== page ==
Encouraged by MMM’s 2nd Annual Hug a Convert Day, I am sharing my own conversion story.
I was the first of my family attend any event at our area’s LDS church. I was in third grade and a new kid up the block who happened to be in my class at school invited me to the Primary Halloween party. The only stipulation (you know what’s coming): no masks.
To my good fortune, my friend was not stopped in his effort to invite me and within a month or two, I was attending Primary every Thursday afternoon with him and his brothers and sisters. Soon one of his sisters invited my older sister to go along, too. By February of the next year, our whole family was invited to their home for a Family Home Evening.
My mother, good southern girl that she was, knew she had to return the favor of an invitation to our home, but she elected only to invite my friend’s parents, not the entire family (including nine kids); they ate in the dining room (something we only did on holidays). And at the end of the meal, my friend’s parents invited my parents to hear the missionary discussions.
(This was not my parents’ first introduction to missionaries. On a couple of other occasions we had missionaries at our doorstep who did not, for whatever reason, return when invited to do so. We lived far from the church and assumed that’s why, so in retrospect, we were glad to have our friends move in up the street to introduce us to the church.)
I remember sitting on the living room floor listening to the missionaries – usually our two young elders, but once in a while they brought a stake missionary with them. I have bit and pieces of memories of flannel board displays from the various lessons (there were six in those days). I remember my baptismal interview, sitting in my bedroom with the district leader and answering and asking questions.
Only later did I realize that the baptism of a complete family of six was pretty special. My parents were well loved in our little branch, and both received callings right away. My sister and I continued to attend Primary and my other sister and brother attended MIA and early morning seminary. (Church was about a half-hour drive away and we made that trip every day at least once, often twice!) One of my father’s first assignments was making a food chest for the scout troop and I enjoyed watching him build it in our garage. My mother taught the three-year olds in Junior Sunday School and we’d help her cut out her pictures for her flannel board stories on Saturday night as we watched TV.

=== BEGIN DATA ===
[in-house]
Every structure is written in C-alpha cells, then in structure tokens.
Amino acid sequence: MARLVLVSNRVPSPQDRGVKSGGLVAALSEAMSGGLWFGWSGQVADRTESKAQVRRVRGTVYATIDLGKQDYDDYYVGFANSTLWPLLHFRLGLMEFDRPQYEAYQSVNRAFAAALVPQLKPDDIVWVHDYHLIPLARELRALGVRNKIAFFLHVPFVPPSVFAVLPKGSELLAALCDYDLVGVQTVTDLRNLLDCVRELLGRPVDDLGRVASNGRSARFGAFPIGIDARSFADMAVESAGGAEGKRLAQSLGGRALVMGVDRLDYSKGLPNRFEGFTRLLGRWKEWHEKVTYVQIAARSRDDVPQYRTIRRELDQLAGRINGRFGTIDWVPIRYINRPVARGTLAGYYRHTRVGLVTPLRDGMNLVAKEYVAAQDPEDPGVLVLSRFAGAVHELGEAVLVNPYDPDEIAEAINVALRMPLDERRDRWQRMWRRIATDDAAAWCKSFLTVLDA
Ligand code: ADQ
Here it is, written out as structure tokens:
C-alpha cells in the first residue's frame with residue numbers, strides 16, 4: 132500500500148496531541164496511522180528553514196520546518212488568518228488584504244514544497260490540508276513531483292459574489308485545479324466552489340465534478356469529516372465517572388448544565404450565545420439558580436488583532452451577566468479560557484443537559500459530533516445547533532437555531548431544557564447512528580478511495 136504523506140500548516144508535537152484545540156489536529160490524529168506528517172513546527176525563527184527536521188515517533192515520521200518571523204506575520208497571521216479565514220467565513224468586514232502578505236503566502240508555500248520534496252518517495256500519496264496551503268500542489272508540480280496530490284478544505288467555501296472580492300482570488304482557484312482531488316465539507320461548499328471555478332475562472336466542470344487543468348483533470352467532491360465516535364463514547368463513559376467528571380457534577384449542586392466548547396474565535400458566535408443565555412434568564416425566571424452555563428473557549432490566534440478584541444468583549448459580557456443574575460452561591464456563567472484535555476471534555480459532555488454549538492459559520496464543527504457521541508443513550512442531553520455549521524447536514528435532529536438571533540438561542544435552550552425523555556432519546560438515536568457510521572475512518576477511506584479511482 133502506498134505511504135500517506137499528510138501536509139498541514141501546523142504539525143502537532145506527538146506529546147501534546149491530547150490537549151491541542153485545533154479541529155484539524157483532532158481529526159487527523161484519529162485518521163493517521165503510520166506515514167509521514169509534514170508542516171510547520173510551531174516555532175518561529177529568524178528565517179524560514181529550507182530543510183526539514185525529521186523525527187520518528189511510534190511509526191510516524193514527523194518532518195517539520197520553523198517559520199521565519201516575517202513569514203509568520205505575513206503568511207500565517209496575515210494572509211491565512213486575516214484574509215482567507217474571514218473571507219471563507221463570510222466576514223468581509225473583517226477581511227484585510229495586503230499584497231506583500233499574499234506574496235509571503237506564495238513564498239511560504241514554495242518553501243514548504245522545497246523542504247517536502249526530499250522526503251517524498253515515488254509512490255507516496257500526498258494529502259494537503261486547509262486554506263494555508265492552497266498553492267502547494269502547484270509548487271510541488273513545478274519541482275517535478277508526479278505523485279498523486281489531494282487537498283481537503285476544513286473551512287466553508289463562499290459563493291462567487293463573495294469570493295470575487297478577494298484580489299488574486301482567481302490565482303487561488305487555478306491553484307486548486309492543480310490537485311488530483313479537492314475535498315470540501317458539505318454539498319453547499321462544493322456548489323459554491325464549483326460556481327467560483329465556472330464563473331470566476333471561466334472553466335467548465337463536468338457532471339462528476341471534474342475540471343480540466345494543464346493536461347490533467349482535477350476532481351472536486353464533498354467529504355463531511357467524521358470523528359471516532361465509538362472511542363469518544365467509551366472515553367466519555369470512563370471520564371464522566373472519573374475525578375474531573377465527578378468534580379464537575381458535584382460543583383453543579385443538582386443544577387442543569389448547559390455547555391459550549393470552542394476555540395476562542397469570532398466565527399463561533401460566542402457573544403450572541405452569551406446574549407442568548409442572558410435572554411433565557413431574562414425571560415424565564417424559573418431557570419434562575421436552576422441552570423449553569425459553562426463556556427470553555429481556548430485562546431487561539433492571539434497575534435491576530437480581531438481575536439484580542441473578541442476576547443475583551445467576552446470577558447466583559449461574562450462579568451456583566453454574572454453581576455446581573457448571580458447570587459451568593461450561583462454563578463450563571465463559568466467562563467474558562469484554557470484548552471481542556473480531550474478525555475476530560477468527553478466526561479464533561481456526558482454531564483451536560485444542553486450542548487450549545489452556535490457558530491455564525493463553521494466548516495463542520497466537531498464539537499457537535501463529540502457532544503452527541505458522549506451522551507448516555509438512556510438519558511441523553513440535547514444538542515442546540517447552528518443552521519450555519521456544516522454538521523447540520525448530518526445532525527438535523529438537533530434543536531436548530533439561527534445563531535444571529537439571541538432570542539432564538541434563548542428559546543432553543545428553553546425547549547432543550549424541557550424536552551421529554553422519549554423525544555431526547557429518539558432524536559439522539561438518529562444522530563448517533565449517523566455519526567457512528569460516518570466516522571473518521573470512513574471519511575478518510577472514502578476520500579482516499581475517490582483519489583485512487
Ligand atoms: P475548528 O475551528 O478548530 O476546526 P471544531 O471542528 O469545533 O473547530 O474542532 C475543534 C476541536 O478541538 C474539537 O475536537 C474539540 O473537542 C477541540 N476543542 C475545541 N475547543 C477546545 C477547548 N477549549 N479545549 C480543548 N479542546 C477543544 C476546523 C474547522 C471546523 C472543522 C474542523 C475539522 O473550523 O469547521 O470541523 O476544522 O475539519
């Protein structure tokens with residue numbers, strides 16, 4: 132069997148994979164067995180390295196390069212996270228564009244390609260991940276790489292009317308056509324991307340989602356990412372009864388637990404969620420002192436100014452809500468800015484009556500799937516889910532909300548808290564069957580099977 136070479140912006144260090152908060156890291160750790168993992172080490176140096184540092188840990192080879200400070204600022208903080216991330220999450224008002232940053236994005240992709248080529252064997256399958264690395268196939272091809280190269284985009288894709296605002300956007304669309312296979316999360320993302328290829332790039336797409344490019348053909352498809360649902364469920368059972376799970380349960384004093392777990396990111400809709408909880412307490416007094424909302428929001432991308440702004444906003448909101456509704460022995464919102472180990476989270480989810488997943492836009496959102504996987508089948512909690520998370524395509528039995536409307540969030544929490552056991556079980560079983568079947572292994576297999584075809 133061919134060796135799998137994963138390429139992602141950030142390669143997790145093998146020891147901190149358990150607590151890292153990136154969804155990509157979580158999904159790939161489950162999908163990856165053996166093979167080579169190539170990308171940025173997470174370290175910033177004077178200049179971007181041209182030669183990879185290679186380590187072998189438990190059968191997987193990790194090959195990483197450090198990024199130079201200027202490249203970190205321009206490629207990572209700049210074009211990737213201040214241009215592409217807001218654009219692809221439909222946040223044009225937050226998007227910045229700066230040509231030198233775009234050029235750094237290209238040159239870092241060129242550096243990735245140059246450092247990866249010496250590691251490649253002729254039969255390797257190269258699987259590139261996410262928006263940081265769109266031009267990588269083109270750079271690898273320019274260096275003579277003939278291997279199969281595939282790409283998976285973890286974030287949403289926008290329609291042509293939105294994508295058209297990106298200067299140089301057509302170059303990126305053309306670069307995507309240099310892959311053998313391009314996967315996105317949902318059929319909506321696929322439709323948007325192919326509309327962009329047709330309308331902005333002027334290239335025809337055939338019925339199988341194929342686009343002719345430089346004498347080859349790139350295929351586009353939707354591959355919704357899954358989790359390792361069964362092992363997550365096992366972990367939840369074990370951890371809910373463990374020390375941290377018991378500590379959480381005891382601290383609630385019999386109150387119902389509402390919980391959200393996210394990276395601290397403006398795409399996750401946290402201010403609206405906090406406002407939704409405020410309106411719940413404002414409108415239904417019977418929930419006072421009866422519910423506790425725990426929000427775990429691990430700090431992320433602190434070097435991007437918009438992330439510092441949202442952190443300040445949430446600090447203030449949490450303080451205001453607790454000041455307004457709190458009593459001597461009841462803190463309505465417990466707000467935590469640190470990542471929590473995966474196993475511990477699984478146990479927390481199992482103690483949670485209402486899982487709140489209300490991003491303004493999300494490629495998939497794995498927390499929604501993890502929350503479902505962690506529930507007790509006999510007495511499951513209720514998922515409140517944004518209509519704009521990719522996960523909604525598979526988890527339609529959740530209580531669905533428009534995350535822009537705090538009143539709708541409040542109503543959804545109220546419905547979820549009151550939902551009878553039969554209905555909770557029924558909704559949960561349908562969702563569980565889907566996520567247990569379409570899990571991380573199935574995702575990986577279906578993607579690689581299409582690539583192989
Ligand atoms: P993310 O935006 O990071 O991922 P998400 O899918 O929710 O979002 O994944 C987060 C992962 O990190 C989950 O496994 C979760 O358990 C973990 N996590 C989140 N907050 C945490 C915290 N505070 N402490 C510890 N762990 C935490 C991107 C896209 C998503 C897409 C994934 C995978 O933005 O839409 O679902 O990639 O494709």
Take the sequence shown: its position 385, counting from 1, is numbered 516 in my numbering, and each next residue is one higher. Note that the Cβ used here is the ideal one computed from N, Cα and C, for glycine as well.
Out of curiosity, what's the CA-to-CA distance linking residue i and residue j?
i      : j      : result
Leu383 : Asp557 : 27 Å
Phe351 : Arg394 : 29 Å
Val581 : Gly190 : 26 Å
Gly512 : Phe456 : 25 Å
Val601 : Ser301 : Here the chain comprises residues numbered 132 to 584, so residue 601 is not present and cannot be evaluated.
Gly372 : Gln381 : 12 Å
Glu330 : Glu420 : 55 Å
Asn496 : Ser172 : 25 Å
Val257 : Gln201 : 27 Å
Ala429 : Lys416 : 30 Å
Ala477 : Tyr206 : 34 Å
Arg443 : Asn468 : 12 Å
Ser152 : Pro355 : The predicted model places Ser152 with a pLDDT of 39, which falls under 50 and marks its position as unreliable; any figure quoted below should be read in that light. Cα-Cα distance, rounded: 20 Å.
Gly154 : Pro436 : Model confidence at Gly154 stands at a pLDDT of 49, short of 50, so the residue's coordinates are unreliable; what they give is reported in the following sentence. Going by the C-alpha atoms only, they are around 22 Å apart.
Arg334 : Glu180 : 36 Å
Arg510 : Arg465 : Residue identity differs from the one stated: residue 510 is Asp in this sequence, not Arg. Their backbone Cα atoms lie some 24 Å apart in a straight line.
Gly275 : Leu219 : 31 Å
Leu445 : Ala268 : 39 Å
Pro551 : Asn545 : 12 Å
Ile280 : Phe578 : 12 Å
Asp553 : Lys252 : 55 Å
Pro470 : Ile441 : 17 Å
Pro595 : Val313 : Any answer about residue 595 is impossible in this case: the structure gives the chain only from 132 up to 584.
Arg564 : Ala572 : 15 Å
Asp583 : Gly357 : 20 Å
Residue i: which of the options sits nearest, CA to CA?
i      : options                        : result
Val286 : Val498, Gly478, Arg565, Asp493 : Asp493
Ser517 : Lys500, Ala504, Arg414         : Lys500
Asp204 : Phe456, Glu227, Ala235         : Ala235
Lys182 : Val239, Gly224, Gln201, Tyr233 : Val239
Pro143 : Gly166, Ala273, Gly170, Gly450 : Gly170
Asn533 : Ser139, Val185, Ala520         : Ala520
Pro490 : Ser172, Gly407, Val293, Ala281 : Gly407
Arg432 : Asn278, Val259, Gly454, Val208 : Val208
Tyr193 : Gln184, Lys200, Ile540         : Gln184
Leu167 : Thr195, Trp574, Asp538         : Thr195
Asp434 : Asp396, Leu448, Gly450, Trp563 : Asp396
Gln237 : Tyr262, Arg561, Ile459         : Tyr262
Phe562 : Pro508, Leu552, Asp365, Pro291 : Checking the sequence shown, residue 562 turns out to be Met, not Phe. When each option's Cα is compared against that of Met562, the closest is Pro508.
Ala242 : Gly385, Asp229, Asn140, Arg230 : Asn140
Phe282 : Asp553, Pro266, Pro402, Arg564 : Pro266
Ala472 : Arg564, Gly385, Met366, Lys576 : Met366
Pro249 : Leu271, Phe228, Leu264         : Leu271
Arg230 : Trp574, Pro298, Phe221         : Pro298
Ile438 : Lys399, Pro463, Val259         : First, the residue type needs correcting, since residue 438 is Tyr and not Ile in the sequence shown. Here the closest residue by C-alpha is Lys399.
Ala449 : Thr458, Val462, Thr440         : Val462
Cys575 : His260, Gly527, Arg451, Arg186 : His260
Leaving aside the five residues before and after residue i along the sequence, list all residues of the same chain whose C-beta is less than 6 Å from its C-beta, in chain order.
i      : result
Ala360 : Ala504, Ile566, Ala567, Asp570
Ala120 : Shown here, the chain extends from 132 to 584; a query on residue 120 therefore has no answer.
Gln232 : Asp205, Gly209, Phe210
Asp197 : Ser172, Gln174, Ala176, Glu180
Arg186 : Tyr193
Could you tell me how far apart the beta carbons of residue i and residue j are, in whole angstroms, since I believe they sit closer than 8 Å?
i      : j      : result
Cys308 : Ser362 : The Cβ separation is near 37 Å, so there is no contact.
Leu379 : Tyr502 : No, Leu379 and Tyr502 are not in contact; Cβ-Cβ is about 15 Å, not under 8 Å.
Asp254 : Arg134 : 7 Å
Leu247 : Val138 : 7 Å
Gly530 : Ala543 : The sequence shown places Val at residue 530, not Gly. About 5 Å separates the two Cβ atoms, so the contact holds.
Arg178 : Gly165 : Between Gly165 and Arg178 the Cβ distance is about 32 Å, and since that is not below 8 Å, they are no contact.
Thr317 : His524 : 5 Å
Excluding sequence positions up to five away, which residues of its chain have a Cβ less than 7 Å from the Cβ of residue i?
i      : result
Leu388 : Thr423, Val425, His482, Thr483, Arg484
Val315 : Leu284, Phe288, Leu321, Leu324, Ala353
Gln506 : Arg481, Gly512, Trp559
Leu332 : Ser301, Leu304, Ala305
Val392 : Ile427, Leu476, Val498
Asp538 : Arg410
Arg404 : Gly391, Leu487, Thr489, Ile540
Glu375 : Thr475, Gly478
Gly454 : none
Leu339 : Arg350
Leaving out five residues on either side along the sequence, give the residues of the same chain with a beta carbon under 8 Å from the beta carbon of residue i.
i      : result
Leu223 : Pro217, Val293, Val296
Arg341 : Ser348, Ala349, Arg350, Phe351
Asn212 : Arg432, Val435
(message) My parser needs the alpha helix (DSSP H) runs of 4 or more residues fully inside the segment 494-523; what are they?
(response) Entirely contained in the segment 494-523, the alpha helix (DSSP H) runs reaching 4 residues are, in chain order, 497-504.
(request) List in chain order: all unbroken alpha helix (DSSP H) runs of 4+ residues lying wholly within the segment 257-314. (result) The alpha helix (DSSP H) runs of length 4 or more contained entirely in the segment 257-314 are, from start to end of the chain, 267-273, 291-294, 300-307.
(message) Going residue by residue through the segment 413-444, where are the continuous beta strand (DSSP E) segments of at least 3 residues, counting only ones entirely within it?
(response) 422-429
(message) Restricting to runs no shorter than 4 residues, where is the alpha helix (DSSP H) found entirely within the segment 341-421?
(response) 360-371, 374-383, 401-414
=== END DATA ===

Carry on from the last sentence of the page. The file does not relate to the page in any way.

My friend’s father was our home teacher and he came like clockwork. We had those things President Hinckley taught years later we should have: friends, responsibilities and nurturing in the good word of God.
Less than a year after our baptism, we had special permission from Elder Benson of the Twelve to travel to the Salt Lake Temple and be sealed as a family. (Our anniversary would be in September, but an August trip allowed us to make the 1,800 mile trip each way before school started.)
I have memories of scenes in the temple – in the children’s waiting area, in the hallway en route to the sealing room, and in the sealing room itself. I remember kneeling there with my parents.
Participating as the missionaries taught our family, feeling the spirit the night of our baptism and confirmation, and feeling what I did in the temple as we were sealed provided a significant foundation for my personal conversion. Even as I passed through periods of apathy in my teenage years, I could not let go of what I had experienced, and a youth conference experience just before my senior year in high school reawakened and reestablished spiritual connections that had grown dim. By my freshman year at BYU, I was firmly on a path of growing testimony as I received my patriarchal blessing and prepared to serve a mission.
I have sought to relive my conversion experience by inviting others as my third-grade classmate invited me. Sadly, I haven’t been able to replicate the experience of my youth. But I am forever grateful for my friend who did not stop inviting me and for his parents who also invited us and for my own parents who were open to that invitation.